Paperback: 404 pages
Publisher: Brewers Publications (January 26, 1998)
Product Dimensions: 7.2 x 1 x 10.1 inches
Shipping Weight: 1.8 pounds (View shipping rates and policies)
Average Customer Review: 4.6 out of 5 stars See all reviews (299 customer reviews)
Best Sellers Rank: #13,837 in Books (See Top 100 in Books) #16 in Books > Cookbooks, Food & Wine > Beverages & Wine > Beer #25 in Books > Cookbooks, Food & Wine > Beverages & Wine > Homebrewing, Distilling & Wine Making #31 in Books > Science & Math > Agricultural Sciences > Food Science
First, let me say what this book is not. It is not a recipe book, or a book which describes the techniques for brewing beer. In other words, it is not for beginners. After following recipes for a number of batches of beer, it was time to learn how to create my own recipes. The purpose of this book is to do just that; come up with your own recipes. The first part of the book tells the reader how to compute the grain bill, the hop bill and how to hit original gravity. It also contains information on beer color, yeast and water. I used this section to make the computations for my first original recipe. This, in turn, gave me the incentive to buy a brewing software package which I now use in conjunction with the second part of the book. The second part describes beer styles and what ingredients go into each style described. There is a chart for each style which gives information on ingredients used in beers which made it to the second round of the NHC. I found some of the charts in this part somewhat confusing and there are a few references in the text to wrong charts. However, as a result of this book, I have started to formulate my own recipes with a lot of success.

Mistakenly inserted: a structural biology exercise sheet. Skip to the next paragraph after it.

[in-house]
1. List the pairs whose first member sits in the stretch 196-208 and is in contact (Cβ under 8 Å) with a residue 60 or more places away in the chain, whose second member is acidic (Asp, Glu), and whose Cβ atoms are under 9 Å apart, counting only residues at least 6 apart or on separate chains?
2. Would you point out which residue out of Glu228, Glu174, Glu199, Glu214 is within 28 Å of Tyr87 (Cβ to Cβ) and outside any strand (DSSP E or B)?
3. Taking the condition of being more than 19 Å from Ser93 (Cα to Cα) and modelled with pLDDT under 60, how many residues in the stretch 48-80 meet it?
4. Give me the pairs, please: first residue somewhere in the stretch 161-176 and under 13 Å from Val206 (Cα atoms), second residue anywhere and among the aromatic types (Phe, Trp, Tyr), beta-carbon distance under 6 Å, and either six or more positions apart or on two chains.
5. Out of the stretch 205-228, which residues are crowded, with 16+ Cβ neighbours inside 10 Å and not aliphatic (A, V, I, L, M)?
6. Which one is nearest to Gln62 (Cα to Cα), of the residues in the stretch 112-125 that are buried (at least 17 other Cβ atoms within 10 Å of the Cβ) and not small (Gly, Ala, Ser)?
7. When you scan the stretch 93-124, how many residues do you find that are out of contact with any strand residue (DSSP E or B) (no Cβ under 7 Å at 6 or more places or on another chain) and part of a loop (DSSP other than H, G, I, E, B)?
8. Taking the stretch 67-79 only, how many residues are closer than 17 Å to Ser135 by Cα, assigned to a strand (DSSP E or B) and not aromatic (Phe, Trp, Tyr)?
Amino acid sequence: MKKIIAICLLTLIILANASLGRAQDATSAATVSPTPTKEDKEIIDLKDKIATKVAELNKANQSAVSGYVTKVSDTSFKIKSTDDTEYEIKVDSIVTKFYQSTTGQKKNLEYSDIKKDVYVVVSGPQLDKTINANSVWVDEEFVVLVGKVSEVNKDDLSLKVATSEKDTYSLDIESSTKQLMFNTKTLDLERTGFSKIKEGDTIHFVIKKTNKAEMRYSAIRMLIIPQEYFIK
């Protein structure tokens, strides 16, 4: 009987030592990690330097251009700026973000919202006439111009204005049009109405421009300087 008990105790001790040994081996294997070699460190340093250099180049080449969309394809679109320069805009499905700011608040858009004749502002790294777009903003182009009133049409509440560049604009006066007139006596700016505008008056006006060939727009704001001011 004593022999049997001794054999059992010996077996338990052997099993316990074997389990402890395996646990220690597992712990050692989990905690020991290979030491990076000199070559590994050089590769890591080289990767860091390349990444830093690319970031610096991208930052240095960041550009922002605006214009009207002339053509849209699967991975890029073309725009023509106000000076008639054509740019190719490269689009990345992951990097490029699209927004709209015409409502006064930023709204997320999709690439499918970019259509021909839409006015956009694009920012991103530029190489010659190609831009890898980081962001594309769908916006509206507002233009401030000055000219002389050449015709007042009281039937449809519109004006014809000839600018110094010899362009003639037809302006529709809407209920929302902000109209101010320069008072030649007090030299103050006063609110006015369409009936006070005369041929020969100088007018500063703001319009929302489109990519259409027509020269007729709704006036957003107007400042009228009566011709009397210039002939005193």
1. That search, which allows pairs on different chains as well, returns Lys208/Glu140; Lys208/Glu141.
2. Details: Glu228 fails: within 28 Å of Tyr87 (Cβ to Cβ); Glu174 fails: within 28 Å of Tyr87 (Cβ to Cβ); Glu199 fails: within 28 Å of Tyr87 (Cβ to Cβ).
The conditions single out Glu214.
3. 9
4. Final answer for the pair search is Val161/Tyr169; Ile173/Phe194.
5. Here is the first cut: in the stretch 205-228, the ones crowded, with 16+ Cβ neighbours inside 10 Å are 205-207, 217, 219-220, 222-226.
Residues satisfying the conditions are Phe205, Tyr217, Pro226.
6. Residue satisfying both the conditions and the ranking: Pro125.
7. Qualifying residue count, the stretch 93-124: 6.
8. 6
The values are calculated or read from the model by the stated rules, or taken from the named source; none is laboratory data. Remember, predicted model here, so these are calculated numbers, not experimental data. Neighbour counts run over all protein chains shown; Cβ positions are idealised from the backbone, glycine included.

The first section of Ray's book covers the fundamentals of all grain brewing. I seldom refer to it.However, the second section not only profiles many of the classic beer styles, it analyzes the recipes and techniques used in producing competition winning entries for the styles. While one can argue that strict style guidelines and competitions based on style guidelines are counterproductive in the craft beer industry, it is very interesting to see how accomplished brewers are formulating their recipes. Many of the formulation compilations are surprising. If anything, they show that you CAN deviate from strict recipe guidelines and produce a quality beer.I have two shelves full of brewing books. This is the one I would hang onto if I was allowed only one brewing reference.
The print version of the book is excellent. Unfortunately, when preparing the ebook, the publishers apparently used optical character recognition software, and didn't proofread the final copy.Many of the equations needed to determine the amounts needed in the recipes make no sense. This makes the strongest points of the book worthless. Until the equation errors are corrected, I would recommend saving your money for the print copy
For anyone who has brewed at least one batch, this is a must-have book. You will learn more from reading this book, than from brewing a hundred more batches. Read Papazin, then graduate to this. You will learn to hit target gravities, target IBU's, and how to balance them against each other. Styles are broken down into easily (for the most part) reproducible processes and techniques, allowing you to formulate your own recipe within the style, not copy someone else's. I never brew a batch without reading up on the particular style in this book first. Best book out there on beer. Bar none.